Some on campus felt that the President’s visit was too disruptive. Three professors, including one from the UW Law faculty, made a formal statement that criticized the campaign’s registration process.
Off the hill
Making effective use of time
Academic Enhancement Program staff held a professional development retreat in the sunroom of Assistant Dean Moji Olaniyan’s house, with discussion following at a local restaurant. For a month, they had tried to plan a session on “The 7 Habits of Highly Effective People,” to improve performance and contribute to professional and personal growth. “We had been too busy,” said Olaniyan, “until the POTUS visit provided the opportunity!”
Patient partnerships continue online
The Center for Patient Partnerships (CPP) clinic is structured to take advantage of the latest technology, allowing them to work from remote locations.
Staff worked from home, available to each other and students via Google chat and phone. Some staff met via conference call to discuss the upcoming implementation of the e-learning module “Healthcare System Overview,” part of their online Introduction to Patient Advocacy course.
A few CPP students completed their regularly scheduled client intake shifts from home. Other students that are normally in the office on Thursdays worked outside of the office on their everyday client work, providing advocacy via email, communicating internally via email and their client database, and making phone calls. Advocacy faculty and staff were similarly active and available.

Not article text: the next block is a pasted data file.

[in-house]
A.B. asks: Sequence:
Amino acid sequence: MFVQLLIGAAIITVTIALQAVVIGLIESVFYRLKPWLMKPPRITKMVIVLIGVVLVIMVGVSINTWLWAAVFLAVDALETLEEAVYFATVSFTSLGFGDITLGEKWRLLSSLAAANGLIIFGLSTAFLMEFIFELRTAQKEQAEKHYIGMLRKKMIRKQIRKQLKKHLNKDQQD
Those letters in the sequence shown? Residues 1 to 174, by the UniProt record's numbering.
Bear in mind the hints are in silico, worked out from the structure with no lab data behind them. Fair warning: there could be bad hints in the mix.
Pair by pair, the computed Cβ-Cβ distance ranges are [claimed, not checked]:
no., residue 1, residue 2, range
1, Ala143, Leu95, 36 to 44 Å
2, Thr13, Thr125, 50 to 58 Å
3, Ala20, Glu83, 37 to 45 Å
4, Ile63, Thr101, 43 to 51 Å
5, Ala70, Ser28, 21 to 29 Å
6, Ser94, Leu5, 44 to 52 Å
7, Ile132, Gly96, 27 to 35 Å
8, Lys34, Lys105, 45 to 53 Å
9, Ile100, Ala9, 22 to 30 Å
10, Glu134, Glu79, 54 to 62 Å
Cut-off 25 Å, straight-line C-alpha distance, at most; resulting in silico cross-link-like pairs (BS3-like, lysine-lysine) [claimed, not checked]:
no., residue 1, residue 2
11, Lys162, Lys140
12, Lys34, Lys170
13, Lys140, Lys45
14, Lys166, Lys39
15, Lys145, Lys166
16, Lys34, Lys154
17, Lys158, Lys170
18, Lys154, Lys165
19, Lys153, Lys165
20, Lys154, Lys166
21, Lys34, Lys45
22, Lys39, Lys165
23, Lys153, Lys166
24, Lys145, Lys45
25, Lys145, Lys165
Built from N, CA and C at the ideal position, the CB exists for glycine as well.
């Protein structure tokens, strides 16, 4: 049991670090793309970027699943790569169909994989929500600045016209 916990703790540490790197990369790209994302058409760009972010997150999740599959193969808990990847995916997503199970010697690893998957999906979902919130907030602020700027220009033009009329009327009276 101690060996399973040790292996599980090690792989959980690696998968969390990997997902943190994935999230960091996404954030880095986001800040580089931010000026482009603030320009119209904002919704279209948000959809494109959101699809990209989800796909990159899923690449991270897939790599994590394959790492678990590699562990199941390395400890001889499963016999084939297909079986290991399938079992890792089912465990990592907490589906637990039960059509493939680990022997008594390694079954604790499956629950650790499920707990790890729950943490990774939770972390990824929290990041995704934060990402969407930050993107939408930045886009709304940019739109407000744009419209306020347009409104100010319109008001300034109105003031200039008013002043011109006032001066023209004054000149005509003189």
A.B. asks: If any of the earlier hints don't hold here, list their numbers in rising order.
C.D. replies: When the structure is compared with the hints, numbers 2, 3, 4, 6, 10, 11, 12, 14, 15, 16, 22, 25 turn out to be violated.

Alum hosts the Wisconsin Innocence Project for Supreme Court moot argument
UW Law professor Keith Findley had arranged a “moot” to prepare him for a Wisconsin Innocence Project oral argument in the Wisconsin Supreme Court the next day (Friday). The moot session was originally scheduled to occur in the Law School, but since the building was closed, he had to find a new location. Alum Gordon "Chip" Davenport III '83 (board member of the Wisconsin Innocence Project and parent of a current student) came through at the last minute and agreed to host the event at Foley & Lardner’s Madison office on East Gilman Street. The moot involved students, faculty, and even the dean.
The Law School Building was locked down for security reasons.
Scrambling to file a Supreme Court brief
The Remington Center legal team had a brief due at the Wisconsin Supreme Court on Thursday, which meant they had to push their whole briefing schedule up a day. The team (consisting of three lawyers and three law students) pulled some very late nights to get their appendix printed in time to file in the Supreme Court on Thursday.
(The case, State v. Starks, is unusual. The client represented himself pro se and the Remington Center team was only appointed to his case once the Wisconsin Supreme Court agreed to hear it.)
Share your experience
If you have thoughts or stories related to the recent POTUS visit — or if this sparks memories of your time at UW — please share them on our Facebook page.
Submitted by Law School News on October 24, 2012